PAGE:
The items in this online exhibition evoke the stories of American women through the ages.
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Corita Kent serigraph, 1976

Photo by Kevin Grady/Radcliffe Institute

Photo by Kevin Grady/Radcliffe Institute


In 1976, Digital Equipment Corporation (DEC), a leader in the computer industry, commissioned the pop artist Corita Kent to design panels to adorn the sides of its computers, cubicle walls, and office furniture. Kent created six serigraphs of colorful swaths, but DEC never produced the panels. In 2015, serendipitously coinciding with a major exhibition of Kent’s work, Corita Kent and the Language of Pop, at the Harvard Art Museum and our own exhibit Corita Kent: Footnotes and Headlines,  the Library was offered the chance to acquire an extremely rare set of the panels, one of which you see here, from the DEC employee who commissioned them.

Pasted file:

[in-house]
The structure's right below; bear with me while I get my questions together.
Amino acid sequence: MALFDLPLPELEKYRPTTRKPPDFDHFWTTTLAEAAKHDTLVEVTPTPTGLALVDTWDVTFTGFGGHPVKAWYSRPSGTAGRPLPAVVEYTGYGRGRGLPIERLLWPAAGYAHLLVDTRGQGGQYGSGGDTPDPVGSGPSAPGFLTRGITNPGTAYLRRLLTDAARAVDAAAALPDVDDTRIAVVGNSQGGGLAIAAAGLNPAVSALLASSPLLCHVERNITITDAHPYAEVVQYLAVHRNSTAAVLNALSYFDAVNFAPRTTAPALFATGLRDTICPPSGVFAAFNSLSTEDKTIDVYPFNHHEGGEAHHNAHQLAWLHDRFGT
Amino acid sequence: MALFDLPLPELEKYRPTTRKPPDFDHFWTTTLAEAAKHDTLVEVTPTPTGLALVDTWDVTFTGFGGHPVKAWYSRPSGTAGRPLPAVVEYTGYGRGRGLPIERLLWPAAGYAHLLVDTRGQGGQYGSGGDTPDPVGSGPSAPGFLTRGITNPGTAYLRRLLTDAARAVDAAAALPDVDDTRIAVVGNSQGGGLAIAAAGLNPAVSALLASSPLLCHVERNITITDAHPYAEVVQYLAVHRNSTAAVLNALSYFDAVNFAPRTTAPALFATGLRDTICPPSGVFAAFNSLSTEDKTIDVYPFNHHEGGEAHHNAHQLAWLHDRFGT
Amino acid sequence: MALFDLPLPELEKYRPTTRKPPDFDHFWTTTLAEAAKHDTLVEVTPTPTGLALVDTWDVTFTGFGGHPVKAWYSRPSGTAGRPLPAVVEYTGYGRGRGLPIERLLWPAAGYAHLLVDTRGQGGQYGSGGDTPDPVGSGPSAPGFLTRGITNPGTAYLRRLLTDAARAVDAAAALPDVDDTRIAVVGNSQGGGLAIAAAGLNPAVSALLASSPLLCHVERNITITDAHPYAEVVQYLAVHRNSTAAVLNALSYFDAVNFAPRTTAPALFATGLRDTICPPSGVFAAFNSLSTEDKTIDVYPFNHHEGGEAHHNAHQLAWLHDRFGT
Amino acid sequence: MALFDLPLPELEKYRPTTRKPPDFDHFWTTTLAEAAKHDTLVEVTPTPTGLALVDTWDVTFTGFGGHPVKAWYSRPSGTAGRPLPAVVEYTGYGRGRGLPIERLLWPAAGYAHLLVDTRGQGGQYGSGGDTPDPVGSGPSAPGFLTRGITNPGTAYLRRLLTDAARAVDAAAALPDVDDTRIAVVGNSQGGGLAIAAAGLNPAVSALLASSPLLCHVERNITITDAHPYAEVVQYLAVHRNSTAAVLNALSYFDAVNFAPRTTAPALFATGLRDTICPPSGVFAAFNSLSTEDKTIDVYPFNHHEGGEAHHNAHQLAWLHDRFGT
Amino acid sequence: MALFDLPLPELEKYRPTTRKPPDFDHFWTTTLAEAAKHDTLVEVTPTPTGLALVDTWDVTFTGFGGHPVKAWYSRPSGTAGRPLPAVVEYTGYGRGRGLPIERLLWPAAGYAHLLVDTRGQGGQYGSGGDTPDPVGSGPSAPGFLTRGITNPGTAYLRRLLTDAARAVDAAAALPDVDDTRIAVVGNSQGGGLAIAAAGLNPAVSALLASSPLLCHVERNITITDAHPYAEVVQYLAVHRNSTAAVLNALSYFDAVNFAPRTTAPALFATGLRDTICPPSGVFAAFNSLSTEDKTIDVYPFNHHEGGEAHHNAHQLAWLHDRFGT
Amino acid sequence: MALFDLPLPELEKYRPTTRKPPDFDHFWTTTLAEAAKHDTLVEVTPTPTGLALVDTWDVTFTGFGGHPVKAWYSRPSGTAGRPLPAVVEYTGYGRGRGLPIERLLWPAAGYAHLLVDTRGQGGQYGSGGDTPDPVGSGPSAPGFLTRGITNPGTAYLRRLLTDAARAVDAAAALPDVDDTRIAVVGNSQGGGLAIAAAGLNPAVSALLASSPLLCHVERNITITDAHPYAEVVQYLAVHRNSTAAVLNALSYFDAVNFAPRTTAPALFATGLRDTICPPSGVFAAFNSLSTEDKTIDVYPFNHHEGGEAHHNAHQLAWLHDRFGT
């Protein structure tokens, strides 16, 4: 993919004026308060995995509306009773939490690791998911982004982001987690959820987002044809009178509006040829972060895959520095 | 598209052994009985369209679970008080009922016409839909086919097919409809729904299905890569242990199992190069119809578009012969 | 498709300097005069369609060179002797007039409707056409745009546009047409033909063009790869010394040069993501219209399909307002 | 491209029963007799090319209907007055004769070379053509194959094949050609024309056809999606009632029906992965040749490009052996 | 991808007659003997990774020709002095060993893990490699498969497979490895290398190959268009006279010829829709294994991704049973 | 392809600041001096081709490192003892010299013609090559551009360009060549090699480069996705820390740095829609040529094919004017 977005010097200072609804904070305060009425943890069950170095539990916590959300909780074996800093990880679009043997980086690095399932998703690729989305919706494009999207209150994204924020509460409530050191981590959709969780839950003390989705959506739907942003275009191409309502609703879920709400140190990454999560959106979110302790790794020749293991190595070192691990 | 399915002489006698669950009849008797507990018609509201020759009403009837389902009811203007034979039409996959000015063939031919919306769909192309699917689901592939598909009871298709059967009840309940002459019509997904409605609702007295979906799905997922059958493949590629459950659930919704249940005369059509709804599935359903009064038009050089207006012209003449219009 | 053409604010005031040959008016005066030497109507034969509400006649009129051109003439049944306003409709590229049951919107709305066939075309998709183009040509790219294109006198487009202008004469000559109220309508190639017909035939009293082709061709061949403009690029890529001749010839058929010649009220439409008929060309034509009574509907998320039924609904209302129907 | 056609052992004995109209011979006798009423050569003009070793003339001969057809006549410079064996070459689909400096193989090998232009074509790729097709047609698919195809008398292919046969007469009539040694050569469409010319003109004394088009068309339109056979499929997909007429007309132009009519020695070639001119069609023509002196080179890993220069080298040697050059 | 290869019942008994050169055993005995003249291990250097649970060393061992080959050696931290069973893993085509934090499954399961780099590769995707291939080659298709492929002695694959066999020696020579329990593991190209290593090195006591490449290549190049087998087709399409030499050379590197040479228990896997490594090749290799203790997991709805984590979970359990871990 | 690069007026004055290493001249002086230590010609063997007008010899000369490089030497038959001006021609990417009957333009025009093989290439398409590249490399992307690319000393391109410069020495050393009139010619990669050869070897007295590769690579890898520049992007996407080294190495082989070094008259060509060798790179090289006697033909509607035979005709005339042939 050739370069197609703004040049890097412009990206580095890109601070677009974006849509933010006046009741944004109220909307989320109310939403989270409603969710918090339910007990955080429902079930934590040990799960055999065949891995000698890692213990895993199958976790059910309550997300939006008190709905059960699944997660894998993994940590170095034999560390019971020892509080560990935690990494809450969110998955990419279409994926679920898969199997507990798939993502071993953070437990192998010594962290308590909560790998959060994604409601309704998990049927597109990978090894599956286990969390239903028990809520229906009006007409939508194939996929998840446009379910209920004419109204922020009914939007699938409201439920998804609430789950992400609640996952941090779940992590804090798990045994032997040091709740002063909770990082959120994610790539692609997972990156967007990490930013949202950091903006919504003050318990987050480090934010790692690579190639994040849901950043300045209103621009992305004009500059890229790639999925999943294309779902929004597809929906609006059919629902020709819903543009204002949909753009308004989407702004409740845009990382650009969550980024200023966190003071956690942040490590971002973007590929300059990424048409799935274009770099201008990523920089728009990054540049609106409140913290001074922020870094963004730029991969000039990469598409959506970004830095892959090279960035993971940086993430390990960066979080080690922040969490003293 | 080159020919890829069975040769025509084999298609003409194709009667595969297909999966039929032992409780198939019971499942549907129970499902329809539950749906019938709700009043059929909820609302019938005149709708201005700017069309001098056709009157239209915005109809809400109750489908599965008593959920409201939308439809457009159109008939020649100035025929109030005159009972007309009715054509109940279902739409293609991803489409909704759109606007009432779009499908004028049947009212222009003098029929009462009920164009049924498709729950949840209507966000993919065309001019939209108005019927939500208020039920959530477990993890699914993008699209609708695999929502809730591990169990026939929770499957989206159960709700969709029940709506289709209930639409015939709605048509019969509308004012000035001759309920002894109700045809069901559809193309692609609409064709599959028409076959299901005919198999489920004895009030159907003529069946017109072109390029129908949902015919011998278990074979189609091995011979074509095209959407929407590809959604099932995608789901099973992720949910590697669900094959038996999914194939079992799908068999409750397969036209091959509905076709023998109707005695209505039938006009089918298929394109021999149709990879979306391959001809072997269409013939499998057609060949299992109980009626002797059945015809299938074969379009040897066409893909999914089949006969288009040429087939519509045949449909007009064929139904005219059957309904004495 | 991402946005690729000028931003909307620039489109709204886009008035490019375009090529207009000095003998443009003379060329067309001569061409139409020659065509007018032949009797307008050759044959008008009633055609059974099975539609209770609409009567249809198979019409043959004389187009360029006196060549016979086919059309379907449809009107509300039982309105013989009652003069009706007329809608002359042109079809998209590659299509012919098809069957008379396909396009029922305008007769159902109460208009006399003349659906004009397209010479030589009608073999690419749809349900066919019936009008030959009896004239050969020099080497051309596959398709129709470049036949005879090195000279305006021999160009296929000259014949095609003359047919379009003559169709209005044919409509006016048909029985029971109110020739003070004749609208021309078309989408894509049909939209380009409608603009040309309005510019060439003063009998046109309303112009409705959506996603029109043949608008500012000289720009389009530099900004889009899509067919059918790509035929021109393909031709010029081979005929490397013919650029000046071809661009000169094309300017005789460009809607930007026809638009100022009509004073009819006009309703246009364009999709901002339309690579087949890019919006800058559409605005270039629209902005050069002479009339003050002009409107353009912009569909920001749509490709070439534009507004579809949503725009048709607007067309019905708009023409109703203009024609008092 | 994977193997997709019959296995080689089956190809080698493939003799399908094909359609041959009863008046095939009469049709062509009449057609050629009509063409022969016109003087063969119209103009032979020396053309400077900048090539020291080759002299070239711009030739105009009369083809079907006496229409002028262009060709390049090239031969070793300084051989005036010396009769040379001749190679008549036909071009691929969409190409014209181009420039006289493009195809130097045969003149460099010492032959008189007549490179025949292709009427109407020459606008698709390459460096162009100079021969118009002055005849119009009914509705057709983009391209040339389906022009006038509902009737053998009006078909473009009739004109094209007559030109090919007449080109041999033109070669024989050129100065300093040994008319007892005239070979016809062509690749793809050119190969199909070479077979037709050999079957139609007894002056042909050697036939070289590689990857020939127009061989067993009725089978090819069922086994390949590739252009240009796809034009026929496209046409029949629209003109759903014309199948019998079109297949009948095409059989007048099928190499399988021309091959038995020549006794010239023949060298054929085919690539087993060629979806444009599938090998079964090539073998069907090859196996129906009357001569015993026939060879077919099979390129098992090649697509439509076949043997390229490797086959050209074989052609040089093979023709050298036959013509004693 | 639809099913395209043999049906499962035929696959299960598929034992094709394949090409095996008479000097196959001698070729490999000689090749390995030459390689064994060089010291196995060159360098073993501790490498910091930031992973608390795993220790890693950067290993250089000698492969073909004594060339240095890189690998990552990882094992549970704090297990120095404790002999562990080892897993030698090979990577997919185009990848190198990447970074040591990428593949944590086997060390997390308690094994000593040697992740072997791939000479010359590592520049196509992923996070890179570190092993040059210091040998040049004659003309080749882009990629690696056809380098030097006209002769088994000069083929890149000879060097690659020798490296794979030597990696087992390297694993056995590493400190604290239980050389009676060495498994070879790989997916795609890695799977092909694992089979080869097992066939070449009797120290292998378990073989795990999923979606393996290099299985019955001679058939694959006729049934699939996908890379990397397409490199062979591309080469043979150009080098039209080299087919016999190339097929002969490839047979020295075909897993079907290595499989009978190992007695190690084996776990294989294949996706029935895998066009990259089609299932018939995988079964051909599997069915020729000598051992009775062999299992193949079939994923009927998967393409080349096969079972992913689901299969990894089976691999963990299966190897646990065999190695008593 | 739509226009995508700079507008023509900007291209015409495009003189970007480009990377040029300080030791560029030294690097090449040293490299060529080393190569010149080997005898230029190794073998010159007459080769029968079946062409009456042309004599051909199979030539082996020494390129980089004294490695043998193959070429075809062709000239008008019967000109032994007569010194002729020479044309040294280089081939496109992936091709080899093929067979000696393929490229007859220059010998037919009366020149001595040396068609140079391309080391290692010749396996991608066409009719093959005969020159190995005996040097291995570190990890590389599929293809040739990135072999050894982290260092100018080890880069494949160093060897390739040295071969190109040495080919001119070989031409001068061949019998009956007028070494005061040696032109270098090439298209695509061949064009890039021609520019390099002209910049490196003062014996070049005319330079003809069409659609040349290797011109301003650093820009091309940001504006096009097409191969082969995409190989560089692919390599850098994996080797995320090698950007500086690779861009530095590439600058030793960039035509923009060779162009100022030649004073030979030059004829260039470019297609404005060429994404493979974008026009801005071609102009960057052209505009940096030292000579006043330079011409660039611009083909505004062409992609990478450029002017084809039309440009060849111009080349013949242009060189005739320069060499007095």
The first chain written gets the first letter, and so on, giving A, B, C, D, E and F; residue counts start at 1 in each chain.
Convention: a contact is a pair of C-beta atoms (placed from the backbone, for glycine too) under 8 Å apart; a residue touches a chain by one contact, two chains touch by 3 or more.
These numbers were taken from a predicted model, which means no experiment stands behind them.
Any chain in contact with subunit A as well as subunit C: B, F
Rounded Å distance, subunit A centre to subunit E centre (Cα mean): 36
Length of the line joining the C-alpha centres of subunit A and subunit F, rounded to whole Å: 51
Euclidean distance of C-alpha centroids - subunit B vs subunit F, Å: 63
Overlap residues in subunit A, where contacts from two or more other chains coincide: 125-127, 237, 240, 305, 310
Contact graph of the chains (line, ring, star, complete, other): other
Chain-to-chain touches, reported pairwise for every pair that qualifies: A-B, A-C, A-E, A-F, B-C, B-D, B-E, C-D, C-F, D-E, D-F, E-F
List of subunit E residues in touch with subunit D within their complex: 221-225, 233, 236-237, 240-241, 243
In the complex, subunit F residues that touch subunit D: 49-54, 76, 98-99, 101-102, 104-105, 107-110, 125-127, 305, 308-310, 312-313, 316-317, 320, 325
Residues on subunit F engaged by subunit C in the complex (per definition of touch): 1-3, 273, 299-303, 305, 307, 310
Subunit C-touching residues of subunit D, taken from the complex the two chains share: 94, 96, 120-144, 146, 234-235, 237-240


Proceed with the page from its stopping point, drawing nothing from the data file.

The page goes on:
Kent, who earlier in life had been a college art teacher and a nun with the Sisters of the Immaculate Heart of Mary, in California, is best known in the Boston area for another commercial commission, this one by Boston Gas in 1971: a 150-foot-high gas tank with rainbow-colored stripes, which she called Rainbow Swash.

Corita Papers, Schlesinger Library

Catalog record:


Learn more:

Learn more about Corita Kent.

Explore “The Layers of Meaning in Corita Kent’s Work.”

Discover more about the Schlesinger Library’s exhibit Corita Kent: Footnotes and Headlines.

And read about Rainbow Swash.

Heather Min